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Johnny Brick gives the new ‘supergroup’ four stars.
Strobing is best experienced outdoors, so why the lighting crew for this impressive show didnâ€™t baulk at the prospect of seventy-five minutes of pulses of light hitting their and the audienceâ€™s poor pupils incessantly while most of the crowd were trying to make out the floppy hair of Americaâ€™s Great Modern Rockâ€™nâ€™Roller is a question one was close to yelling. Nonetheless, another Jack White-fronted (or â€“backed) group plugged their album full of dirty blues-rock to a crowd who would have gone into a Bacchic frenzy if White so much as slept onstage, such was their adulation for him and his band. The band consists of the long-haired bassist out of The Raconteurs, who makes a convincing drummer on one number; the keyboardist out of Queens of the Stone Age, who anchors the group with terrific playing; Kills lead vocalist Alison Mosshart, whose Courtney Love-meets-Peaches vocal stylings were married to banshee dancing and the whiff only obtained from being a female singer in a rockâ€™nâ€™roll band.
When he wasnâ€™t bent over his kit thumping out a backbeat for the lively cover of Bob Dylanâ€™s â€˜New Ponyâ€™, or playing whilst singing something sexual and sensual on â€˜Cut Like a Buffaloâ€™, he was centre stage doing the White Stripes-sounding riffing and wailing that just didnâ€™t exist before he introduced John Peel and the British public at large to his contemporary lo-hi-fi blues. Brilliantly sharing a microphone with Mosshart on one number and sliding up and down the fret of his guitar with insouciance, White was compelling even when he was walking to the stage, a true star and one who can do no wrong (bagpipes on the last White Stripes record not withstanding) in any of his three bands. I calculate this Dead Weather record, entitled Horehound, to be the tenth he has been heavily involved with this decade and, when the history of rock is written, White will be the noughties Elvis.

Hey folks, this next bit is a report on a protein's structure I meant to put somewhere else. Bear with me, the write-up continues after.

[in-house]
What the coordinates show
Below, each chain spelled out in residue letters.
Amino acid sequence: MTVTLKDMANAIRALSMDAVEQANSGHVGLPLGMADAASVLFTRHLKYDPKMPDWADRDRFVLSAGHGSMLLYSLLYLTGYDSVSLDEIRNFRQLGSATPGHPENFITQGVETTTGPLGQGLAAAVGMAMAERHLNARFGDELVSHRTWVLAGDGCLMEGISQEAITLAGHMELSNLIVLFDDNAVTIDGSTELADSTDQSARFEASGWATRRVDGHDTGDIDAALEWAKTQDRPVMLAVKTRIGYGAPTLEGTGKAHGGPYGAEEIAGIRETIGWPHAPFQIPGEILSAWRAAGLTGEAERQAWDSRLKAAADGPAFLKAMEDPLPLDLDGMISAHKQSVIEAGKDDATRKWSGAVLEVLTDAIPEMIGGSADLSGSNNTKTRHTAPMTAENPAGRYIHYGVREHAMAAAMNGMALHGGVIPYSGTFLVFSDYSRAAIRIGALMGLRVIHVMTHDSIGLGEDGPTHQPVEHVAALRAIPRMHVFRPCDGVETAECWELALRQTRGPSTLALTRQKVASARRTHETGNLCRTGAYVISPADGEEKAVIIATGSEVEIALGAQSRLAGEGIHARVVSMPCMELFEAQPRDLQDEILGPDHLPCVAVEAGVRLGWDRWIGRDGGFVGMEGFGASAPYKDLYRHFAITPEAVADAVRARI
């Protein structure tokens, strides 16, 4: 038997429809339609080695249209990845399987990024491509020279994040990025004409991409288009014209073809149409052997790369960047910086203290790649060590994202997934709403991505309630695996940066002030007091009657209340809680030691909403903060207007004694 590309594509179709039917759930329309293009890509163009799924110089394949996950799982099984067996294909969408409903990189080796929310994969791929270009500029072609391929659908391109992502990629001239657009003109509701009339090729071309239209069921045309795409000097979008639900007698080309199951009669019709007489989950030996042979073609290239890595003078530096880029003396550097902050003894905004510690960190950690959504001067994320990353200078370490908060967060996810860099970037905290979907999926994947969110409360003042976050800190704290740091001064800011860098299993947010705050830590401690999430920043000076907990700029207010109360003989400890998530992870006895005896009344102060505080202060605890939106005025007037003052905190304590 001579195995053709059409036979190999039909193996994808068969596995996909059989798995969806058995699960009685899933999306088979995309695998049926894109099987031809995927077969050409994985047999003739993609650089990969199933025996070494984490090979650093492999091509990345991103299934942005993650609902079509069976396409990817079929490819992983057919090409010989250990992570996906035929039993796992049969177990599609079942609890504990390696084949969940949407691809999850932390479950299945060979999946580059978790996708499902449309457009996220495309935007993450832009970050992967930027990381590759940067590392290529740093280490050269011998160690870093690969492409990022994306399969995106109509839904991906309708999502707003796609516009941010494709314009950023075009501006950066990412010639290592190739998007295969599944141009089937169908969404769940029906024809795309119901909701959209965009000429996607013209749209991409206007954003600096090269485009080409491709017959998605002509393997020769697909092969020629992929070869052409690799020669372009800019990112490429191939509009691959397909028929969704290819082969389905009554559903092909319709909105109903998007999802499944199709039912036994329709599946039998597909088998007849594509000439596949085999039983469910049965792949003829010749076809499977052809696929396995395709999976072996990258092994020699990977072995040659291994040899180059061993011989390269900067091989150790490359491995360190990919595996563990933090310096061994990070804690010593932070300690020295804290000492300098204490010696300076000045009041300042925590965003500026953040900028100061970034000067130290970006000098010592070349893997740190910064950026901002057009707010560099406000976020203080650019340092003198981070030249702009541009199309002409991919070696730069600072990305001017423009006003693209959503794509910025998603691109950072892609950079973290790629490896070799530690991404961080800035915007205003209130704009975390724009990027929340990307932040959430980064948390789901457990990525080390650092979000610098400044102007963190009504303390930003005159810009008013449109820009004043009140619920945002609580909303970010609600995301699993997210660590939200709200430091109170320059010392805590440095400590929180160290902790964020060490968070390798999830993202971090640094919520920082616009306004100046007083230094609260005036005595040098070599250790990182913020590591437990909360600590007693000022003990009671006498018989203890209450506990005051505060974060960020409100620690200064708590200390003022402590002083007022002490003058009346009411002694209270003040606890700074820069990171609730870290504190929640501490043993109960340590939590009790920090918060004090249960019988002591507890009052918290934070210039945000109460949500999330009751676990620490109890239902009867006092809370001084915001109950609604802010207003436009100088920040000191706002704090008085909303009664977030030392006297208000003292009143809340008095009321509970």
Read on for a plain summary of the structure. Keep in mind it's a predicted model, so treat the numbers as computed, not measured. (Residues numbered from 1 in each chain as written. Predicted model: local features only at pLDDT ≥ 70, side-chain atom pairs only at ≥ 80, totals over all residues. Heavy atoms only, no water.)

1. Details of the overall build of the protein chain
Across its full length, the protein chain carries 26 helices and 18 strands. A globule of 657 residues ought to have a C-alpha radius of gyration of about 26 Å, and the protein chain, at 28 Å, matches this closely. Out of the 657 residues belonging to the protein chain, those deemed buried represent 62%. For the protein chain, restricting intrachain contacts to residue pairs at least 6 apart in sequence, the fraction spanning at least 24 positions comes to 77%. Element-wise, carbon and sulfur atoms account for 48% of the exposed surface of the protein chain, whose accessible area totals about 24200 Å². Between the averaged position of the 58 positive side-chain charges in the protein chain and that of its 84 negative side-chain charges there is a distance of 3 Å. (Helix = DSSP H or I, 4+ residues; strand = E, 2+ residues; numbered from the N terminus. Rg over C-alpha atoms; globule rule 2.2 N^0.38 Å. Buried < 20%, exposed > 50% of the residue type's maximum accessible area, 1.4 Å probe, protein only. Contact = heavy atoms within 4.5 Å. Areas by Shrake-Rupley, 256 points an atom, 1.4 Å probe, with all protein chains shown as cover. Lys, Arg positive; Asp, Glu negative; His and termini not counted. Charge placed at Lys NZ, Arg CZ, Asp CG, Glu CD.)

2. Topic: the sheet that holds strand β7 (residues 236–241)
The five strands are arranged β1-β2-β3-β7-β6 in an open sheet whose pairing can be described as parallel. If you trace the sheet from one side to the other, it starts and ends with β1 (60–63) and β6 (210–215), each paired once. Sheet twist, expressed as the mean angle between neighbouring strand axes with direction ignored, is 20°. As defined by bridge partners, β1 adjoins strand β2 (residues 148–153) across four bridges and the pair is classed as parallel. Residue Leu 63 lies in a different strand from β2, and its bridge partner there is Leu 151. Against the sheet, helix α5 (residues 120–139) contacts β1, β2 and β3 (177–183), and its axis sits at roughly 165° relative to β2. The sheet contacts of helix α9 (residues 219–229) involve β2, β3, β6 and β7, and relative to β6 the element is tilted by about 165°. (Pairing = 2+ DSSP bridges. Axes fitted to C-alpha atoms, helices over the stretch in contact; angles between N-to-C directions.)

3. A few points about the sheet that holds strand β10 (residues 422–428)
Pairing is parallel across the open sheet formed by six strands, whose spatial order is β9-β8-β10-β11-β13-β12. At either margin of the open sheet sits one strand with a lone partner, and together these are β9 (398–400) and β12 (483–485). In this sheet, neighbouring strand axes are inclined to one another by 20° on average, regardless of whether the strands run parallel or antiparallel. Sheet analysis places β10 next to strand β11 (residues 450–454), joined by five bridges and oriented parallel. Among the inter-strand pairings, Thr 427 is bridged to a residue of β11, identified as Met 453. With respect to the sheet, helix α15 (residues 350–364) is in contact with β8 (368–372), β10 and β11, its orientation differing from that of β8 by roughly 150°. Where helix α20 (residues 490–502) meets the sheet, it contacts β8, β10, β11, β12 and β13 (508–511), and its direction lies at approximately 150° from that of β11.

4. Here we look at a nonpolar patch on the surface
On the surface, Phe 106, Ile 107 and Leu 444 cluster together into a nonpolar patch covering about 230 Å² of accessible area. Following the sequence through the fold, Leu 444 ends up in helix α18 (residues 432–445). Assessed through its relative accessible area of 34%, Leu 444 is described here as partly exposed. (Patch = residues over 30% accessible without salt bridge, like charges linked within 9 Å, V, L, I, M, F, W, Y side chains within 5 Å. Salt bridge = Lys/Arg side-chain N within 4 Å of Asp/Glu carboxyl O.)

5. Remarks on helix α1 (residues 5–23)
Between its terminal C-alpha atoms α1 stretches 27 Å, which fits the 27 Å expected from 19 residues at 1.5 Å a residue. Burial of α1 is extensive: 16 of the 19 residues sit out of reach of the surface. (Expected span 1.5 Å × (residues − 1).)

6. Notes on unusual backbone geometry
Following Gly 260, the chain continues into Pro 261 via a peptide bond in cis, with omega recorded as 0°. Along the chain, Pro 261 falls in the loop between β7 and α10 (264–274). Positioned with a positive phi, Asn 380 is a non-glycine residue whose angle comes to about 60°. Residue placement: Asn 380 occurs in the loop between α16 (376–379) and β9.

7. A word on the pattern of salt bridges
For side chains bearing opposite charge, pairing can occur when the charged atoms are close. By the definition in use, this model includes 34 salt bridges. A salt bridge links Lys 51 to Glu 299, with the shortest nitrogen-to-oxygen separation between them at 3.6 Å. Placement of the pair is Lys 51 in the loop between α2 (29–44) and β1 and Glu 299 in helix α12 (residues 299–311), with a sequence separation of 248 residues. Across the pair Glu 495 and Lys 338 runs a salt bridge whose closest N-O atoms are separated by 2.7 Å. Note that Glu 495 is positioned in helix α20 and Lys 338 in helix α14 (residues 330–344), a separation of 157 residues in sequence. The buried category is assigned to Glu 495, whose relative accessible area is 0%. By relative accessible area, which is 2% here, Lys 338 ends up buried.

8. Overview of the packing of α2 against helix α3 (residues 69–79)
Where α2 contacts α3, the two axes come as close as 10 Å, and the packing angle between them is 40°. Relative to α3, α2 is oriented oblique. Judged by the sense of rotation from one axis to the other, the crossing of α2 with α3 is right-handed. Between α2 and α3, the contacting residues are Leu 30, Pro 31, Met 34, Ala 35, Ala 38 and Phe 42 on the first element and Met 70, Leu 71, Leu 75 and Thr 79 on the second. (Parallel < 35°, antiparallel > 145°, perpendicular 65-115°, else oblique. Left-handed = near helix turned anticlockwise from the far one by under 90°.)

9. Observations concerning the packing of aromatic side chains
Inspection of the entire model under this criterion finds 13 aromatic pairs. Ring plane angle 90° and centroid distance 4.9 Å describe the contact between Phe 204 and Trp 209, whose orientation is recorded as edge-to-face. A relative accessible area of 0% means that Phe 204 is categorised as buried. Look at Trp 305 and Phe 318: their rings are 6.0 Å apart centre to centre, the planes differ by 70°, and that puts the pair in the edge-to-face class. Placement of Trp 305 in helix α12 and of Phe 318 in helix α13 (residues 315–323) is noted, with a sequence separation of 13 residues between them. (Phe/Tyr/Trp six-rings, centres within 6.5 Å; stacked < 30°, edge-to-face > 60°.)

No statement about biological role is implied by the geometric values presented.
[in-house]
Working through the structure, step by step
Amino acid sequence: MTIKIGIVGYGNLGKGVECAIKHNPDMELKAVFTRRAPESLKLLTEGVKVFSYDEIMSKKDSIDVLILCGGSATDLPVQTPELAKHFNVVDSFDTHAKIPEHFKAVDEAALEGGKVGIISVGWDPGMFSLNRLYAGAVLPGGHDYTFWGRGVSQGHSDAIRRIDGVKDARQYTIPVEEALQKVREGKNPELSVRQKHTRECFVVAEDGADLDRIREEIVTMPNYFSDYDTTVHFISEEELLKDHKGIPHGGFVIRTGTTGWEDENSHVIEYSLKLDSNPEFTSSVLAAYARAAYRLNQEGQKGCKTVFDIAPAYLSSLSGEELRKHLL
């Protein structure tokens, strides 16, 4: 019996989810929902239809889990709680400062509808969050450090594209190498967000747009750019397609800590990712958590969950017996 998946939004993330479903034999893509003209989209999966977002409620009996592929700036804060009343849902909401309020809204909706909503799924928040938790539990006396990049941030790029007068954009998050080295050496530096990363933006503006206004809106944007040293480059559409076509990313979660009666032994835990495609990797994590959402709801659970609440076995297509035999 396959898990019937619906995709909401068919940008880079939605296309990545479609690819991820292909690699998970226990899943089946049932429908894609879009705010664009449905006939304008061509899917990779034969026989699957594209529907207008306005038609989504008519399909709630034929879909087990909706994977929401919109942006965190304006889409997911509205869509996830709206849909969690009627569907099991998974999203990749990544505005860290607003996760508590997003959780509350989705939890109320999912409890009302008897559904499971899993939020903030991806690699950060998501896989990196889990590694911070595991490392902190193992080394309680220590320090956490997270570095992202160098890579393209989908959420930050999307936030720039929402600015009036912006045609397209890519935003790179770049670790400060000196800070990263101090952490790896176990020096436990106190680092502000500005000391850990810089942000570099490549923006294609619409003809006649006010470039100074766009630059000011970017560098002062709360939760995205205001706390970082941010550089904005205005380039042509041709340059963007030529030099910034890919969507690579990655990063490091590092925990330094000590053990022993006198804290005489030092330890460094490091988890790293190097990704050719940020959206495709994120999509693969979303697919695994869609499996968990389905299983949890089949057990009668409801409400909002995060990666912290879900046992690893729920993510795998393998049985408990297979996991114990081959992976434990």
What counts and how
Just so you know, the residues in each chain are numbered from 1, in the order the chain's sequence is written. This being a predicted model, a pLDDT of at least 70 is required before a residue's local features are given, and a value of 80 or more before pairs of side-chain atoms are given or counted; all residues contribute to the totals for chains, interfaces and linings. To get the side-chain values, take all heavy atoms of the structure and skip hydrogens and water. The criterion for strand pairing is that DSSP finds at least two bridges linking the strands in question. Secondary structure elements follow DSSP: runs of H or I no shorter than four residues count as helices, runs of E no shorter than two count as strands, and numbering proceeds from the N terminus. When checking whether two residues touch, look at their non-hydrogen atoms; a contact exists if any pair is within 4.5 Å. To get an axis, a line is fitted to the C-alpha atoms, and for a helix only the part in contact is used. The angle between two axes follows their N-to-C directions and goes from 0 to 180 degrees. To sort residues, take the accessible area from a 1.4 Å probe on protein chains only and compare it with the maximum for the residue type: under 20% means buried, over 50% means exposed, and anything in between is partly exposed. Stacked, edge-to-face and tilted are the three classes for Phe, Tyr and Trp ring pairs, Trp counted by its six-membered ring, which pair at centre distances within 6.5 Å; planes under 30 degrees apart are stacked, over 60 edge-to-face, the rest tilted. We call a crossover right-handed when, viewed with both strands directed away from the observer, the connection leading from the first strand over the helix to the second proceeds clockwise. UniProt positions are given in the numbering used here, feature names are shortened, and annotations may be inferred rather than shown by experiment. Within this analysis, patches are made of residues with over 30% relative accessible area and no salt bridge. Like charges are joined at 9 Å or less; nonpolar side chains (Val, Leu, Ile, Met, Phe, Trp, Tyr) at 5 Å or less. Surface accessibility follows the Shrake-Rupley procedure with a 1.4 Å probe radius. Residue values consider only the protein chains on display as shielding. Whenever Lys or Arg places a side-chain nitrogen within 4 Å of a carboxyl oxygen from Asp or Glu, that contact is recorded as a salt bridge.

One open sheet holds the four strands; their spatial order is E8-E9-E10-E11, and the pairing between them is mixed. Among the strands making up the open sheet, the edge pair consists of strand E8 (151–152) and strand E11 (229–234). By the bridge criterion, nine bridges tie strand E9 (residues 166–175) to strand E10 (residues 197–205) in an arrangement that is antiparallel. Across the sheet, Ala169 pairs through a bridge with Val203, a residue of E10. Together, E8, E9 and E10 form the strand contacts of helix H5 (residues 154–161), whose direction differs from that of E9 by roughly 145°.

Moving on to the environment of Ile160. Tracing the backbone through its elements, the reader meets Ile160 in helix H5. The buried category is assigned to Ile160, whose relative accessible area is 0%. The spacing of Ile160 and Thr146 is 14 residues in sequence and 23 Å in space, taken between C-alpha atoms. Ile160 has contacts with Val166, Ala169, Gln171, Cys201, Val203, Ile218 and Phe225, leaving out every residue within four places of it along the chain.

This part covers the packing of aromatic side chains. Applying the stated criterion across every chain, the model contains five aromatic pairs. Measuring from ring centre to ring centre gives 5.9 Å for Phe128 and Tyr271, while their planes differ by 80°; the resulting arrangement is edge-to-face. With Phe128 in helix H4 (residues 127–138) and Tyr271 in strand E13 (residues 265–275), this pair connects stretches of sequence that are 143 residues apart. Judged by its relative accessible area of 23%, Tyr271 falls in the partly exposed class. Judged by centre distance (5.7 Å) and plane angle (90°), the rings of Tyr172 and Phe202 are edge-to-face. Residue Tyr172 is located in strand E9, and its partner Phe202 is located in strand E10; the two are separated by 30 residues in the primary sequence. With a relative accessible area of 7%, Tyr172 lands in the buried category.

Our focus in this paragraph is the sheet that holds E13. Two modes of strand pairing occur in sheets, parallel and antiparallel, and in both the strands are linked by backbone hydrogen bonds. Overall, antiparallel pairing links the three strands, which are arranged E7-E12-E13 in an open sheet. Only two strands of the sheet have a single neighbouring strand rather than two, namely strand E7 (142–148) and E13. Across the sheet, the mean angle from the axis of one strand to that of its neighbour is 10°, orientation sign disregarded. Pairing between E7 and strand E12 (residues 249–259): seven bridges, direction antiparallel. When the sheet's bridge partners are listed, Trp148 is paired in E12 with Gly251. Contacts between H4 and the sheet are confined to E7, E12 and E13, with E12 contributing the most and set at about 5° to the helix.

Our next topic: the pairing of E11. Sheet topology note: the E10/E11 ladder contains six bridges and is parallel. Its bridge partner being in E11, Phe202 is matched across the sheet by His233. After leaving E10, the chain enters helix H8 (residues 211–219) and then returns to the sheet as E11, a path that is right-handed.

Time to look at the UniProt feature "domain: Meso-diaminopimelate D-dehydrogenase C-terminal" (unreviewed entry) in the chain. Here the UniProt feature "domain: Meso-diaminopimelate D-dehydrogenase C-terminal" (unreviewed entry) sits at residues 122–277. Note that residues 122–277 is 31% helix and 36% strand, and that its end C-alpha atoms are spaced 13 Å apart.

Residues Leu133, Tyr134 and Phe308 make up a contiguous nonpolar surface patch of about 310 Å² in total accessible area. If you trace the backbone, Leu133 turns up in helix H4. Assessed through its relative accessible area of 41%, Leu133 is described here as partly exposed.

Setcloser and Big Hit â€˜Treat Me like your Motherâ€™ took on a life of its own, the audience yelling back the â€˜Bleed When You Lie!â€™ refrain, entranced and empowered by their White-worship. Feel sympathy for the other bandmembers whose tight playing seemed just a sideshow for the main star tonight. Next time, less strobing, more imploding.